Eduardo Munoz Alvarez/AP
Daniil Medvedev can’t watch the US Open in his hotel room.
Tennis champion Daniil Medvedev is competing at the US Open, but there’s a problem: He can’t watch any of the matches on his TV.
The No. 3-ranked player and winner of the 2021 US Open lamented at a post-match press conference Monday that the ongoing dispute between Spectrum and The Walt Disney Company has forced him to search for alternatives way to watch tennis, since his hotel no longer carries ESPN.
“I cannot watch it on TV anymore,” Medvedev said about the tennis tournament. “I don’t know if it’s legal or illegal, but I have to find a way because I cannot watch it on TV. I got internet, probably this, how you call it, pirate websites, so I watch tennis there … I have no other choice.”
Last week, Disney-owned channels like ESPN were pulled from 15 million Spectrum cable subscribers in prime time, angering fans trying to watch tennis and college football. Spectrum’s parent company Charter said Disney “has insisted on a traditional long-term deal with higher rates and limited packaging flexibility” and that Disney declined its renewal proposal.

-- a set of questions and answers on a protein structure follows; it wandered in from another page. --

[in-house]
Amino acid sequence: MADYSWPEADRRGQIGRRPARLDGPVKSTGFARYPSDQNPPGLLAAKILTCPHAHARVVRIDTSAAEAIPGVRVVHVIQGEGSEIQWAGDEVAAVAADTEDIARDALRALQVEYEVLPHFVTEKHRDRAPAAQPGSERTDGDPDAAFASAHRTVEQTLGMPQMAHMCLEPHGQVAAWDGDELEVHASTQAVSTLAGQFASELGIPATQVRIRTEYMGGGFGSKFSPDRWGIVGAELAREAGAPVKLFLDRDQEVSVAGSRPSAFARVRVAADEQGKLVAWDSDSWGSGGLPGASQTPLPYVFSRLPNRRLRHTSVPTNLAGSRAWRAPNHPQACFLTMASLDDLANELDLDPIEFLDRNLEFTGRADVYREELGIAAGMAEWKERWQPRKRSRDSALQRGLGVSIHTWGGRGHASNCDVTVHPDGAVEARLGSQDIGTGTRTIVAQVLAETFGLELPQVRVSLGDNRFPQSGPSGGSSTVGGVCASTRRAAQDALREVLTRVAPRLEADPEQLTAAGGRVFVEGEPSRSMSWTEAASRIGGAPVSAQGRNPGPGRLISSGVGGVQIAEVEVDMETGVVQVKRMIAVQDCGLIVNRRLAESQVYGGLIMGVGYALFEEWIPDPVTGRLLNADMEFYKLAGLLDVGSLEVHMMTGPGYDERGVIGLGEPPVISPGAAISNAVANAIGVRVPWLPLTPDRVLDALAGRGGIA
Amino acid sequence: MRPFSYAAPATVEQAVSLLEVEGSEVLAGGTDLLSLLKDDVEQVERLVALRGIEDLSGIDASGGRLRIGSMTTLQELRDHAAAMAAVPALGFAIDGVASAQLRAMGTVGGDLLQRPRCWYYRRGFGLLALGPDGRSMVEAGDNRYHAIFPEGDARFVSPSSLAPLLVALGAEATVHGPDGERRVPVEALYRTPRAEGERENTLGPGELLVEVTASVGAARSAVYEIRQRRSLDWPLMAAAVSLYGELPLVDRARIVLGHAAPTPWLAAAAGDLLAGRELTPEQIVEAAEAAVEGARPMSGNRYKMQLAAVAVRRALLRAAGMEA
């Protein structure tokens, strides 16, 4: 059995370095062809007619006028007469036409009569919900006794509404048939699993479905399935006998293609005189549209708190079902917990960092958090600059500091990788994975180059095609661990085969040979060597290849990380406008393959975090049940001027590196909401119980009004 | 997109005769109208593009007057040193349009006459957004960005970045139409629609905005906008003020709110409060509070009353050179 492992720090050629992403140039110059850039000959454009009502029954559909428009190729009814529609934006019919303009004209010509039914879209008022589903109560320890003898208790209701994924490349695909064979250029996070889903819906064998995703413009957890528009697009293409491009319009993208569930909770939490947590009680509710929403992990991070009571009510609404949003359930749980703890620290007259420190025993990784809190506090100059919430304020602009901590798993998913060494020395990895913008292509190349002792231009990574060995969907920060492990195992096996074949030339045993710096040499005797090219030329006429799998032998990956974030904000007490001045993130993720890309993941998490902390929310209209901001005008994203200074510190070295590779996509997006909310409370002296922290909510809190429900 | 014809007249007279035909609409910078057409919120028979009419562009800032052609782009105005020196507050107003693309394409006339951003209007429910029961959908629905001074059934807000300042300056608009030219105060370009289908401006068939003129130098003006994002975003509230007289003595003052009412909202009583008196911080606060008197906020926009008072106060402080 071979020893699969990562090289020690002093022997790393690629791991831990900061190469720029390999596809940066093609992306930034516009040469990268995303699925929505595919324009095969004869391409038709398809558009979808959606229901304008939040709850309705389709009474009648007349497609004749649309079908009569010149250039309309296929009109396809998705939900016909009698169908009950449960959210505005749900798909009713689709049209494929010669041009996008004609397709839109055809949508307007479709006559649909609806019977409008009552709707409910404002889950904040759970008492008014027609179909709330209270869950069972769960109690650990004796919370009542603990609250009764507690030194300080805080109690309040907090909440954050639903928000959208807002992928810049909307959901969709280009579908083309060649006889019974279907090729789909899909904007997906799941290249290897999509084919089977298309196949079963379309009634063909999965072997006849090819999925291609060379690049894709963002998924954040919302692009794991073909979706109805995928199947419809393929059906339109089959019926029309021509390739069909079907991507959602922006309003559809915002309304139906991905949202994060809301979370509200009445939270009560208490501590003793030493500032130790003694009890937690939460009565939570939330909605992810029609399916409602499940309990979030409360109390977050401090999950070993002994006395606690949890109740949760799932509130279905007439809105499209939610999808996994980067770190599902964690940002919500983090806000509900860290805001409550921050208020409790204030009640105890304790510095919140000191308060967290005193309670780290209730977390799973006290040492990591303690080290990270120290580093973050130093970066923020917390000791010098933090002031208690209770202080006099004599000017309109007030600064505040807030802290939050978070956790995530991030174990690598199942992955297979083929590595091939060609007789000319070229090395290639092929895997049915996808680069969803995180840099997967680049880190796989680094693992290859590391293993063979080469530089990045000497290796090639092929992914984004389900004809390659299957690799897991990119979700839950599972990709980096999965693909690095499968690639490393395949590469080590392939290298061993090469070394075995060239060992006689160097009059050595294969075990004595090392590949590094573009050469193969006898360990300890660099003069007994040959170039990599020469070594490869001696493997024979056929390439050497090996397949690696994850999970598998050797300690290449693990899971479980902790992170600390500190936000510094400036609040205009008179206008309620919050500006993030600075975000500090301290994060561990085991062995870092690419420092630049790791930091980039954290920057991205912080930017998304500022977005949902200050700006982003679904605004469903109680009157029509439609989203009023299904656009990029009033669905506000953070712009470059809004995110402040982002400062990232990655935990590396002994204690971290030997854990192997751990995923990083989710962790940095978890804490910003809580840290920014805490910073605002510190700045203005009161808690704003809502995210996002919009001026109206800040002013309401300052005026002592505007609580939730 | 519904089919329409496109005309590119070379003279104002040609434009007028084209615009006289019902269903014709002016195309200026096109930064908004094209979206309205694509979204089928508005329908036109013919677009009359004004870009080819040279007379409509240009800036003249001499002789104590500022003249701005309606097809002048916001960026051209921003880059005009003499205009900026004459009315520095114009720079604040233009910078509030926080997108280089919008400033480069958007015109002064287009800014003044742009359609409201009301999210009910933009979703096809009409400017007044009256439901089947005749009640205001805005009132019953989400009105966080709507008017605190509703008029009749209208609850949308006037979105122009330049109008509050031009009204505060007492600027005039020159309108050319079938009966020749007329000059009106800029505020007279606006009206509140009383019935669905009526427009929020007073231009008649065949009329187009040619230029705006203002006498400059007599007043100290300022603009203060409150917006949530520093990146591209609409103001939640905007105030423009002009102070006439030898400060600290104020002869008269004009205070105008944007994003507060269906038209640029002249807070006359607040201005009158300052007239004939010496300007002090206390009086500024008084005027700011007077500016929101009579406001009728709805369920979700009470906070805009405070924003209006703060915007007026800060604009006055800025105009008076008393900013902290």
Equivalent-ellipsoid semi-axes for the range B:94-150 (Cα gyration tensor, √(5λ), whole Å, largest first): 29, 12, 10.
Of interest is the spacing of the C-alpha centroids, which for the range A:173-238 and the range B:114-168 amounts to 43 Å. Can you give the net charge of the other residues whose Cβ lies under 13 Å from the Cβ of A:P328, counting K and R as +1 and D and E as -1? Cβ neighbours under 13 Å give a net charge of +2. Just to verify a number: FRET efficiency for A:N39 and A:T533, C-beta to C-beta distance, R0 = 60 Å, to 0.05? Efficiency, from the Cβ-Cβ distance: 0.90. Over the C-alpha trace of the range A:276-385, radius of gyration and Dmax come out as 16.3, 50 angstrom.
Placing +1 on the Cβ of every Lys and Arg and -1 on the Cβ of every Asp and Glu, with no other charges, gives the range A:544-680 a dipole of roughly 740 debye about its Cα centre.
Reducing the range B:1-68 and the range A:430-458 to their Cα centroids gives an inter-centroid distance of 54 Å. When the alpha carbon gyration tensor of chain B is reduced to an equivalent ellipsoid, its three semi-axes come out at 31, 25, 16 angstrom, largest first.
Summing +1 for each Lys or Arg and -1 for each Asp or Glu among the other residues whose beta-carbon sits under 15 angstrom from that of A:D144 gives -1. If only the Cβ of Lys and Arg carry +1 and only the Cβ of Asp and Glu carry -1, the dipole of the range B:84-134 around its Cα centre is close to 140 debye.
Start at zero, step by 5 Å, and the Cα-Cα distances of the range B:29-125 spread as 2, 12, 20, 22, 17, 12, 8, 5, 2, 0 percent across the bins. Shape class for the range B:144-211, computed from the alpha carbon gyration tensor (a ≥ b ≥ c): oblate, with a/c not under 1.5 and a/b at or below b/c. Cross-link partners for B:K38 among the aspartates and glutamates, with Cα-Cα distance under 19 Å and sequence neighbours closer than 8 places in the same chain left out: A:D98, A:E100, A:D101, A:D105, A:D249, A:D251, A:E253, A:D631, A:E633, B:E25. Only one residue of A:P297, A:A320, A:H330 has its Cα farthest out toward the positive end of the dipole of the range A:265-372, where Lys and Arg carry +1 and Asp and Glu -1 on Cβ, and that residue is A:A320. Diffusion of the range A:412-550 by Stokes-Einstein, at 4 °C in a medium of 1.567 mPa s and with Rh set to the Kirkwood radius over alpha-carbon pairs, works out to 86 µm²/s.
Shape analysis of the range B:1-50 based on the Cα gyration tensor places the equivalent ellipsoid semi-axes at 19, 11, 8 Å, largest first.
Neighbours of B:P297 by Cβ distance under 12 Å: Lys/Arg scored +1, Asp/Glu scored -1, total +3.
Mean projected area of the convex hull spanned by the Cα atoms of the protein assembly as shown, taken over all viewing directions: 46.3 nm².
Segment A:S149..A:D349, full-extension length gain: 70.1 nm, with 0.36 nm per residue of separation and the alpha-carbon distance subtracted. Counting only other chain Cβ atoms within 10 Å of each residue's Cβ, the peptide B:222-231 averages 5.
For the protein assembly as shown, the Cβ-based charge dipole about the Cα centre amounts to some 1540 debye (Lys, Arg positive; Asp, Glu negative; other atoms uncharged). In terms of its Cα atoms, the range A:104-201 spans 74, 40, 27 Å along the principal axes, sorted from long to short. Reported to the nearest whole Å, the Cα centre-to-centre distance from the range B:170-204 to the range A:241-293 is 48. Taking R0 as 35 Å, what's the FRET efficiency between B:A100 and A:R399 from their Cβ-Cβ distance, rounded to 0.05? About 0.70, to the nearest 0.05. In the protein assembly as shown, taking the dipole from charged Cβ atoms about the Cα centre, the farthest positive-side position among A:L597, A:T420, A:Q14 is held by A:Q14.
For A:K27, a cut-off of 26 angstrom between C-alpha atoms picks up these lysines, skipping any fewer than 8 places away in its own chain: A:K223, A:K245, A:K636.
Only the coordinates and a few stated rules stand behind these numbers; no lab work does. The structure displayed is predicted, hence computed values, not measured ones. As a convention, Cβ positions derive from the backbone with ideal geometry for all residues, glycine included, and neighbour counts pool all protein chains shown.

The cable provider contends that the proposal from the media conglomerate would amount to a significant cost increase for subscribers, who would also be saddled with channels they might not want to watch. That sort of arrangement between channel owners and cable providers has been the norm for decades, but the rise of the streaming model has brought new pressures for both.
Disney said in a statement that it “has successful deals in place with pay TV providers of all types and sizes across the country, and the rates and terms we are seeking in this renewal are driven by the marketplace. We’re committed to reaching a mutually agreed upon resolution with Charter and we urge them to work with us to minimize the disruption to their customers.”
On Monday, Disney launched a marketing campaign saying that this weekend has been a “frustrating one for millions of Spectrum cable subscribers” and enticed people to sign up for its “Hulu + Live TV” bundle that gives them access to Disney’s cable channels and ESPN+, where many matches are streaming live.
Ironically enough, NY1 — a local news channel available on Spectrum — broadcast its morning show from the US Open on Monday. However, its anchors didn’t acknowledge the carriage dispute or mention the irony that Spectrum subscribers can’t watch tennis on its own cable service.
The US Open, held in Queens, New York, continues until Sunday.